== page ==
Chocolate prevents preeclampsia? How a medical society’s poor PR helped drive this misleading message

Editor’s note: This post has been updated with a statement from Dr. Sean Blackwell, the program chair for the Society for Maternal-Fetal Medicine conference where the preeclampsia/flavanol research was presented. Please scroll to the bottom to view his comments.

Fresh on the heels of a debacle involving flawed communications about chocolate milk and concussions at the University of Maryland, our reviewers have uncovered another example of chocolate-related research being inappropriately hyped in a news release by an institution that should know better. Frequent reviewer and guest blogger Matt Shipman, a public information officer at North Carolina State University, examines what went wrong in this case and what could have been done better. 


iStock_000007300273_SmallPeople love chocolate. And research that says eating chocolate can be good for you is often catnip for (some) health reporters (as here or here or here). Knowing that health research involving chocolate virtually ensures media coverage means that research organizations need to be particularly careful when crafting PR news releases to be sure that the releases explain the work clearly and without hype.

Earlier this month, the Society for Maternal-Fetal Medicine (SMFM) issued a news release headlined “The benefits of chocolate during pregnancy.” The first paragraph tells readers: “In a study to be presented on Feb. 4 at 1:15 p.m. EST, at the Society for Maternal-Fetal Medicine’s annual meeting, The Pregnancy Meeting™, in Atlanta, researchers will present findings from a study titled, High-flavanol chocolate to improve placental function and to decrease the risk of preeclampsia: a double blind randomized clinical trial.”

As HealthNewsReview.org reviewers noted, however, “those who wade through the entire news release will eventually learn that chocolate doesn’t in fact help prevent preeclampsia. But many will be misled by the headline and vague lead sentence that appear to tout benefits.” Those remarks came in a review that found the release had satisfied none of the review criteria that we think all health releases should address (in this case, four of the ten criteria were considered not applicable, and the other six were rated as not satisfactory).

For example, the release reports that the study evaluated two groups of women who both ate 30 grams of chocolate each day for 12 weeks. One group had “low-flavanol” chocolate, the other had “high-flavanol” chocolate. And, according to the release, the study found “there was no difference in preeclampsia, gestational hypertension, placental weight or birthweight in the two groups.” However, the release says, “the uterine artery Doppler pulsatility index (a surrogate marker of blood velocity in the uterine, placental and fetal circulations) in both groups showed marked improvement that was much greater than expected in general population.”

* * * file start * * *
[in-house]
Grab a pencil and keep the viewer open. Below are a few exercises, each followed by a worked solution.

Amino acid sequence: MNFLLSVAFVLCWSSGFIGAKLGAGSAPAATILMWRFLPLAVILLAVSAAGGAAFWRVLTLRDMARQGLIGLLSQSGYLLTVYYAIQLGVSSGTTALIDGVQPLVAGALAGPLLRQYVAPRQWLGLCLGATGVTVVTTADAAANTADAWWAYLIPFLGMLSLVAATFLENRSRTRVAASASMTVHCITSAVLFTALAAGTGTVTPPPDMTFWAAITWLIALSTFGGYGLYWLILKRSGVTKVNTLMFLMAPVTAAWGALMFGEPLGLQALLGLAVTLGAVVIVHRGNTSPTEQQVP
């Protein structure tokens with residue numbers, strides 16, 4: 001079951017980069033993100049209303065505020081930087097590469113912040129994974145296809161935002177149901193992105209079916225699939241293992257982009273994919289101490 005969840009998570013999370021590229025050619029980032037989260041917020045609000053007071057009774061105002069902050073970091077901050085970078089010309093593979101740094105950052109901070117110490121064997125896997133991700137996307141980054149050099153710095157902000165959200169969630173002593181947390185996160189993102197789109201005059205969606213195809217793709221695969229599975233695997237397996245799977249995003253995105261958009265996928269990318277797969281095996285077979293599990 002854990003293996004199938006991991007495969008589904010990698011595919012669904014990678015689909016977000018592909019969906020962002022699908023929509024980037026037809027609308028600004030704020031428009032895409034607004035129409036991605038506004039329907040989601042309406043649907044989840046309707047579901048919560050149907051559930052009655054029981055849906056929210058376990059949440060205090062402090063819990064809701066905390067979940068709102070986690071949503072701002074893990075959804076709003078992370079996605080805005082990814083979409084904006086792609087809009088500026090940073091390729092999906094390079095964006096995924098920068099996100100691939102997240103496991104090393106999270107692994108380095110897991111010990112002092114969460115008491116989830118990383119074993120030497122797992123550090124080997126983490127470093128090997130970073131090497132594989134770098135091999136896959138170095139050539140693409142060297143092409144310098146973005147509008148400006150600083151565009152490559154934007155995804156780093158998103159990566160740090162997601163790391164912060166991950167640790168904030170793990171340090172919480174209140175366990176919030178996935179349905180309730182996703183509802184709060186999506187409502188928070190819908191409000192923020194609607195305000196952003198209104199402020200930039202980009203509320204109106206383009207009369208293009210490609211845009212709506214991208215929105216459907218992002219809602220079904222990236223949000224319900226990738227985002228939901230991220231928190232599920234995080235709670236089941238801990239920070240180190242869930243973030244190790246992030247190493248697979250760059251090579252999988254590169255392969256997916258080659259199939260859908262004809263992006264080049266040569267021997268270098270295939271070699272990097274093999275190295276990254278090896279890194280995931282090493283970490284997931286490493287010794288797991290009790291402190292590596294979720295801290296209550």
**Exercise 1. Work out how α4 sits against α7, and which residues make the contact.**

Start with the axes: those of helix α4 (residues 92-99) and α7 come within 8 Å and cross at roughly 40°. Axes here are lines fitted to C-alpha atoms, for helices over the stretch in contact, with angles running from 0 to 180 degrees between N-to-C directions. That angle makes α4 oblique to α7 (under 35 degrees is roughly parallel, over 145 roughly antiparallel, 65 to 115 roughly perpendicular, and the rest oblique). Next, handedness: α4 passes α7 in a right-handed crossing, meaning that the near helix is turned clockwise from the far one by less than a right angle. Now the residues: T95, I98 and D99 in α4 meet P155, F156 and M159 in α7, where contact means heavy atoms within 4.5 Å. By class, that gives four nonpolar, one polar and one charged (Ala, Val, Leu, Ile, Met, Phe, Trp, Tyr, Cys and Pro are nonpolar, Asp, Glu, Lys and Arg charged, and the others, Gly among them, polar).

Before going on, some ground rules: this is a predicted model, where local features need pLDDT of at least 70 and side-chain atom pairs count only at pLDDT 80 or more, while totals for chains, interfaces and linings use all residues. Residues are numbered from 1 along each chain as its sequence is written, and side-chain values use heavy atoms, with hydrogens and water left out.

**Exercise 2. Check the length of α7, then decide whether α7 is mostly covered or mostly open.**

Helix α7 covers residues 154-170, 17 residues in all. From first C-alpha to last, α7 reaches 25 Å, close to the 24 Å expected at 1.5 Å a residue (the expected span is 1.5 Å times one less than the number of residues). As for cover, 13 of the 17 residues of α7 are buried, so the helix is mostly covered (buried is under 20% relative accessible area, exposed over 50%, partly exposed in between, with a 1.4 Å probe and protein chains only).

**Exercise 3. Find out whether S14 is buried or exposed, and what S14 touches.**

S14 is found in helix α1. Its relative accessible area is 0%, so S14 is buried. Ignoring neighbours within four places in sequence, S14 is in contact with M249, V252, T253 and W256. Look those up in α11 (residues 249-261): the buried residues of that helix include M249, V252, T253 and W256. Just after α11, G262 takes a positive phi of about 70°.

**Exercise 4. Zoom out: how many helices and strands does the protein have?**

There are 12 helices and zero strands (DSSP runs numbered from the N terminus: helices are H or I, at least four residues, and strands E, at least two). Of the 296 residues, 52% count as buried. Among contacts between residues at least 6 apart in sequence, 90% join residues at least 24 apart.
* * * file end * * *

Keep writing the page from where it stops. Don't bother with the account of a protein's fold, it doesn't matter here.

But what does that mean? If there was no control group, how can they determine whether the chocolate consumption influenced the pulsatility index scores? And how is the pulsatility index related to the health of mother or child anyway?

And despite the confusing, misleading nature of the release, the story got picked up by news outlets — several of which, including a Florida Fox News affiliate, erroneously reported that chocolate reduces preeclampsia risk.

We’re not interested in making anyone feel bad or assigning blame. We’re educators who see an opportunity to help improve the process of communicating research. We’re interested in figuring out how a release this flawed made it to the public, because we want to identify what steps research institutions and organizations need to take in order to communicate about their work effectively.

So, what happened here?

Who wrote the release? Did the relevant researchers have a chance to review it? And who decided to promote this particular study in the first place?

We contacted SMFM, both researchers who did the study, and Vicki Bendure, whose company – Bendure Communications – wrote and issued the release.

The release was written by Bendure Communications, which was hired by SMFM to promote its annual meeting and related research. However, Bendure says, “We don’t select the studies that are promoted, those are selected by a conference chair.”